Neighbours uneasy with Afghan pact

NEW DELHI: Recent moves by Afghanistan and Pakistan to improve their once-frosty relationship have prompted deep concern in other countries in the region and led some to consider strengthening ties to the political rivals of the Afghan President, Hamid Karzai.The US government considers the Afghan-Pakistan overtures essential to combating insurgencies racking both nations. But India, Iran and Afghanistan’s northern neighbours fear they are a step towards fulfilling Mr Karzai’s desire to negotiate with Taliban leaders and possibly welcome some of them into the government.These nations think Mr Karzai’s plans could compromise their security and interests by lessening the influence of Afghanistan’s Tajik, Uzbek and Hazara ethnic minorities, with whom they have cultivated close links, diplomats and government officials say.The apprehension, recently voiced by senior Indian officials, has emerged as yet another challenge for the US, which seeks to encourage new initiatives to stabilise Afghanistan while minimising fallout on the already tense relationship between India and Pakistan.In an attempt to assuage those concerns, the US special representative for Afghanistan and Pakistan, Richard Holbrooke, went to New Delhi last week to meet the Indian National Security Adviser and the Foreign Secretary.The chairman of the US Joint Chiefs of Staff, Admiral Mike Mullen, also arrived last week for two days of meetings with military and civilian leaders.India has been angered by recent meetings involving Mr Karzai and Pakistan’s top two security officials, General Ashfaq Kiyani, the army chief, and Lieutenant-General Ahmed Shuja Pasha, the intelligence director.Afghanistan and Pakistan have signed a trade agreement that allows Afghan trucks to drive through Pakistan to the Indian border. Indian officials had wanted to send their trucks through Pakistan to Afghanistan, but the Pakistani government insisted they not be included in the negotiations.Compounding India’s resentment is that it believed it had cultivated close ties with Mr Karzai. India has opened four consulates in Afghanistan, even though relatively few Indian citizens live there, and invested $US1.3 billion ($1.45 billion) in development projects, far more than Pakistan has.”The Indians are shell-shocked,” said a Western diplomat. ”They went in with more than a billion dollars, and now Pakistan is eating their lunch.”? The Taliban have offered to exchange the body of a US Navy member they said was killed in an ambush on Friday in exchange for insurgent prisoners, an Afghan official said.US and NATO officials said two US Navy personnel went missing in their four-wheel-drive on Friday in the eastern province of Logar. Afghan officials believe one was killed and the other captured when they took a wrong turn into a Taliban-held area.The Washington Post, Associated Press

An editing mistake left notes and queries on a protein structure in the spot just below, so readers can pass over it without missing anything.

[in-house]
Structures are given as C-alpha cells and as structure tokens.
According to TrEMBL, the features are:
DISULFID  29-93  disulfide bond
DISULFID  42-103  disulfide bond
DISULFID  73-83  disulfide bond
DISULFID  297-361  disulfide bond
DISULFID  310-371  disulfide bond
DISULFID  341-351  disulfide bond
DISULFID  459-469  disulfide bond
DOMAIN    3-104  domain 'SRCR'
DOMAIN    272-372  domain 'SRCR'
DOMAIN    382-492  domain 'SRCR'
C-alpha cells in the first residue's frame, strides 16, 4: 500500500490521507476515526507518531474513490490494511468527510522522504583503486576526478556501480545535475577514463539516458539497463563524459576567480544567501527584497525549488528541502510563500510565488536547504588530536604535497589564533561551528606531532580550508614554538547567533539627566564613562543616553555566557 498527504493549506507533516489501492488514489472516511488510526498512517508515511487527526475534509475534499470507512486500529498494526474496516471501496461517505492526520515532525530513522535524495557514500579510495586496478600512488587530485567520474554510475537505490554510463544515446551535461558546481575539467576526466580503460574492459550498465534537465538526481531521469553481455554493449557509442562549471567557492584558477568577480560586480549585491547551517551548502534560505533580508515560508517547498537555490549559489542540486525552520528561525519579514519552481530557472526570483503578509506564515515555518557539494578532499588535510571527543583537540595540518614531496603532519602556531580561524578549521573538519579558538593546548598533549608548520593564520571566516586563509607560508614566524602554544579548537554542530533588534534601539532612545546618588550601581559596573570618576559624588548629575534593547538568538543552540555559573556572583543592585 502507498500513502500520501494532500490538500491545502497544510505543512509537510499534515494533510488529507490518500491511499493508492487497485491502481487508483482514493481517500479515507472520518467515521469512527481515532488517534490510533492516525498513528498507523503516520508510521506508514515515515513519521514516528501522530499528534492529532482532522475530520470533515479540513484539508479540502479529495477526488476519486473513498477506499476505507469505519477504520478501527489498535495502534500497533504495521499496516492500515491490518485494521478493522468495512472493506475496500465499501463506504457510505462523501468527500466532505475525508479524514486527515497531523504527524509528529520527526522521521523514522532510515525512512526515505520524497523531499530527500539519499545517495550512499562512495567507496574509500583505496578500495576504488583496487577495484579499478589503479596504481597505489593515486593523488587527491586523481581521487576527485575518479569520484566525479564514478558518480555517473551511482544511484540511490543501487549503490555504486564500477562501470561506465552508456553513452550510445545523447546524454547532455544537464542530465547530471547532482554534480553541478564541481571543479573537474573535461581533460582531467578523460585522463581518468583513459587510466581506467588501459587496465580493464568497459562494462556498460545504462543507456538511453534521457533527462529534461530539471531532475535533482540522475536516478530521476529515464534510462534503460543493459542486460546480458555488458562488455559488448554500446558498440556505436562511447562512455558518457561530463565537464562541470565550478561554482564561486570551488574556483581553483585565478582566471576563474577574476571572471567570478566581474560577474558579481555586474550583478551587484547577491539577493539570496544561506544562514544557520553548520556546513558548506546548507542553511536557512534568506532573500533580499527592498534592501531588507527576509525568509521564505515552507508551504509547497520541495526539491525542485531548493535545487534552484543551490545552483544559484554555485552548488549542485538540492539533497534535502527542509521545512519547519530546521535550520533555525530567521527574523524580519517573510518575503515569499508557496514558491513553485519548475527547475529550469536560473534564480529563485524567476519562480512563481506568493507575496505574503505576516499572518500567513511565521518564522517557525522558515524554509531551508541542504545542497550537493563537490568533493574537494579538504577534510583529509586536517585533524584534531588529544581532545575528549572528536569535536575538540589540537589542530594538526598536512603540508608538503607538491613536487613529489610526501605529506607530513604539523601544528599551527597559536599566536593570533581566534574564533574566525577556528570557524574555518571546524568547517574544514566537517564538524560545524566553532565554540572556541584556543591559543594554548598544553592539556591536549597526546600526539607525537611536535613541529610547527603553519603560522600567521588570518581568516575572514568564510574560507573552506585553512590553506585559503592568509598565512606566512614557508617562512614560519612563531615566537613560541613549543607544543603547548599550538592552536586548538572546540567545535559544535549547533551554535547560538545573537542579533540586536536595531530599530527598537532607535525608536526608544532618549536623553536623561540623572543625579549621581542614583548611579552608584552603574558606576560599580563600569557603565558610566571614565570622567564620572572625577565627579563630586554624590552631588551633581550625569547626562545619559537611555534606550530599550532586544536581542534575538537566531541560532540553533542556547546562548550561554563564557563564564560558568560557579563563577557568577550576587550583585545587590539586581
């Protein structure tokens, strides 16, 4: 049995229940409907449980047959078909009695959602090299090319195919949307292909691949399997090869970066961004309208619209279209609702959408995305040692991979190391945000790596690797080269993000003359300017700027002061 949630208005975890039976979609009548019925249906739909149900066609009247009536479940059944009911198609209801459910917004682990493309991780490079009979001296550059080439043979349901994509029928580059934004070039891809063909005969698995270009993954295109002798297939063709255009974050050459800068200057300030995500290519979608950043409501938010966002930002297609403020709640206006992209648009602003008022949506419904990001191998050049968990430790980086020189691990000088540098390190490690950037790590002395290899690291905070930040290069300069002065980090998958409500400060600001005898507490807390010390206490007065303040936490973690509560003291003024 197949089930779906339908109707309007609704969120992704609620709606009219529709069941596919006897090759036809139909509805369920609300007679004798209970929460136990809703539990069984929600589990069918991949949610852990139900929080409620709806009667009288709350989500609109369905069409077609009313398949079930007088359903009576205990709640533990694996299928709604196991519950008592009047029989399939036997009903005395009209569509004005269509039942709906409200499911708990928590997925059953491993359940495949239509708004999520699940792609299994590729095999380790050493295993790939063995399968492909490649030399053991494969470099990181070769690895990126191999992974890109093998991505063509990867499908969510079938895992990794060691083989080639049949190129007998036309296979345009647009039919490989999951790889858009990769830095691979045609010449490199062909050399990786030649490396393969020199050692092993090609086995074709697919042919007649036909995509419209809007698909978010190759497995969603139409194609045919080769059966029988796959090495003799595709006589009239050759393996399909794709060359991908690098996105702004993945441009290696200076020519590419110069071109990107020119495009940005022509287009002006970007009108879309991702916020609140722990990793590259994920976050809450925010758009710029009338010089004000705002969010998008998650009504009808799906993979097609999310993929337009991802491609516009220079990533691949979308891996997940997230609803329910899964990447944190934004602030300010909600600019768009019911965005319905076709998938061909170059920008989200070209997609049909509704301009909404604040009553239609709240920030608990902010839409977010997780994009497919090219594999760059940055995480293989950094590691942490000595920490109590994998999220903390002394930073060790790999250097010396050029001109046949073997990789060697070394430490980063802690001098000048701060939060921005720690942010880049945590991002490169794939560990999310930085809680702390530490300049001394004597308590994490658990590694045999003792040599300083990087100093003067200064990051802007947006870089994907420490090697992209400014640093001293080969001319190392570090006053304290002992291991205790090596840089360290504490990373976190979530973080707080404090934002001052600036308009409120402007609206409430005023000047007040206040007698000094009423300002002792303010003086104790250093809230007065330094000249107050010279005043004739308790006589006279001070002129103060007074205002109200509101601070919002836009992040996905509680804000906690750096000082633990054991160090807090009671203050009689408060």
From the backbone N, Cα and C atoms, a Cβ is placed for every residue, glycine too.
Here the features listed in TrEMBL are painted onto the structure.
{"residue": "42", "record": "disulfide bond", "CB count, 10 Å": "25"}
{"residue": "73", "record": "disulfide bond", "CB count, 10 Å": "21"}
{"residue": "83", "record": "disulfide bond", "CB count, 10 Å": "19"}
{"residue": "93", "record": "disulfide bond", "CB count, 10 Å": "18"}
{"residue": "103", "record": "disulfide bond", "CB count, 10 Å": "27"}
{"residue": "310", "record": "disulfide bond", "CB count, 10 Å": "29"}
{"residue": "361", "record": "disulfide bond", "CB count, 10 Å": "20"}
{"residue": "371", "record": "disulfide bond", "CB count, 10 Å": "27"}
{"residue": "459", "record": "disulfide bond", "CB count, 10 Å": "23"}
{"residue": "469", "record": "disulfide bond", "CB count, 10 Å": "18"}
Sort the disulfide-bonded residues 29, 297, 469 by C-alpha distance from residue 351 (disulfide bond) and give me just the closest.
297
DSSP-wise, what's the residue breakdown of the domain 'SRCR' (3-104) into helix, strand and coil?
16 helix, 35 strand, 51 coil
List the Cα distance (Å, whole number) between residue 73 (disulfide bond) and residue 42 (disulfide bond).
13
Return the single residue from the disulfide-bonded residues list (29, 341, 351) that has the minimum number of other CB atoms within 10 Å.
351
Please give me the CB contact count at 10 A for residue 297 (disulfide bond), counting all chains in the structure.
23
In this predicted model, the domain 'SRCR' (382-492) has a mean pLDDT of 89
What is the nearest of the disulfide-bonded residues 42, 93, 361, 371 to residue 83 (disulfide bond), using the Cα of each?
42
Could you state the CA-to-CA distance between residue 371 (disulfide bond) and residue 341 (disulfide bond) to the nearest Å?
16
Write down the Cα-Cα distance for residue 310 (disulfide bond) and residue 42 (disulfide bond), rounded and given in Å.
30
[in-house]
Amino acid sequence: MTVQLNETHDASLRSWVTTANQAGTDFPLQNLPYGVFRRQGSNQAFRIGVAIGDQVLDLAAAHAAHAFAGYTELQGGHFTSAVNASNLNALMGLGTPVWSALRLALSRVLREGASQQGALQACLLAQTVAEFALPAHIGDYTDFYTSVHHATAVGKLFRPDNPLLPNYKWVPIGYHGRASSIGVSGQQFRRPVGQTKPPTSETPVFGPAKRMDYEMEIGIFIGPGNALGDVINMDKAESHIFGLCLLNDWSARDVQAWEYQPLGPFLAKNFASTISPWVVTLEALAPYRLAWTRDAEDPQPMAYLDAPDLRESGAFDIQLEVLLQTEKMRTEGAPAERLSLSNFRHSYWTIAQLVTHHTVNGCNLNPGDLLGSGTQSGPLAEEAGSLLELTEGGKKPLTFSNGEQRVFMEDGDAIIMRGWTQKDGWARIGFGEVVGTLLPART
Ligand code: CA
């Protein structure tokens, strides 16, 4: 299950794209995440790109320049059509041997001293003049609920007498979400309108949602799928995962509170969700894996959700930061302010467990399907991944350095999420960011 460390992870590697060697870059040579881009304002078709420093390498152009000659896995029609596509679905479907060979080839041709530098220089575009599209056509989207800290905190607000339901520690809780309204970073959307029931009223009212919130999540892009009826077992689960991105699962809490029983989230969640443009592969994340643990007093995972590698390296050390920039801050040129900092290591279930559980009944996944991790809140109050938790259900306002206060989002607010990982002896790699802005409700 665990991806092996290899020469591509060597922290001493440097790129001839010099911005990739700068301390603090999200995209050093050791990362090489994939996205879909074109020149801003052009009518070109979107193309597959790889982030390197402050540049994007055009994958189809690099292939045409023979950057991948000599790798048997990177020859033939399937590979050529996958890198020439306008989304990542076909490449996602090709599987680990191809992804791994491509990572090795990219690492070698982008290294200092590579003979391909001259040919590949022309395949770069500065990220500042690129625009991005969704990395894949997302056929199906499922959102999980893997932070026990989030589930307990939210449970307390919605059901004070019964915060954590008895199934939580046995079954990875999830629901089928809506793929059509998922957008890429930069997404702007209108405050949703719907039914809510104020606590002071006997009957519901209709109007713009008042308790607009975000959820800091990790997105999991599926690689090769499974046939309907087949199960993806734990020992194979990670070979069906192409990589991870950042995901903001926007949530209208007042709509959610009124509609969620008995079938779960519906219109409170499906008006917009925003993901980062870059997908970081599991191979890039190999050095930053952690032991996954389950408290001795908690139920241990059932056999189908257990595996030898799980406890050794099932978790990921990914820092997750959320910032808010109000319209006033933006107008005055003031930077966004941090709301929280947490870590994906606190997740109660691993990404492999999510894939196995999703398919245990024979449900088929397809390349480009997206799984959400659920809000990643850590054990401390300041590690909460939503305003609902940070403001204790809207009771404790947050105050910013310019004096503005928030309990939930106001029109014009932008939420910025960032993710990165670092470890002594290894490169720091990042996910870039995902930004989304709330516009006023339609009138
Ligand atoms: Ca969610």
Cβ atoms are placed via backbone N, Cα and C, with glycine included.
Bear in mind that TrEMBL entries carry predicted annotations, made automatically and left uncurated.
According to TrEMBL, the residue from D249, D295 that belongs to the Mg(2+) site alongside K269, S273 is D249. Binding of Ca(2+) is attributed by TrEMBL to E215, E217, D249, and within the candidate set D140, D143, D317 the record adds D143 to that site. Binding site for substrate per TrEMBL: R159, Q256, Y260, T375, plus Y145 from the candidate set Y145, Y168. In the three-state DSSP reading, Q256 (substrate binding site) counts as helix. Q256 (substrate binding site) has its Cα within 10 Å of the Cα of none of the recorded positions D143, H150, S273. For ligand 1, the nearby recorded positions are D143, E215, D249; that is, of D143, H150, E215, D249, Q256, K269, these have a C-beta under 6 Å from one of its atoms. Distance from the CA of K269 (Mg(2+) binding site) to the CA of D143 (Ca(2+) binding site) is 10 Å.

Nanjing Night Net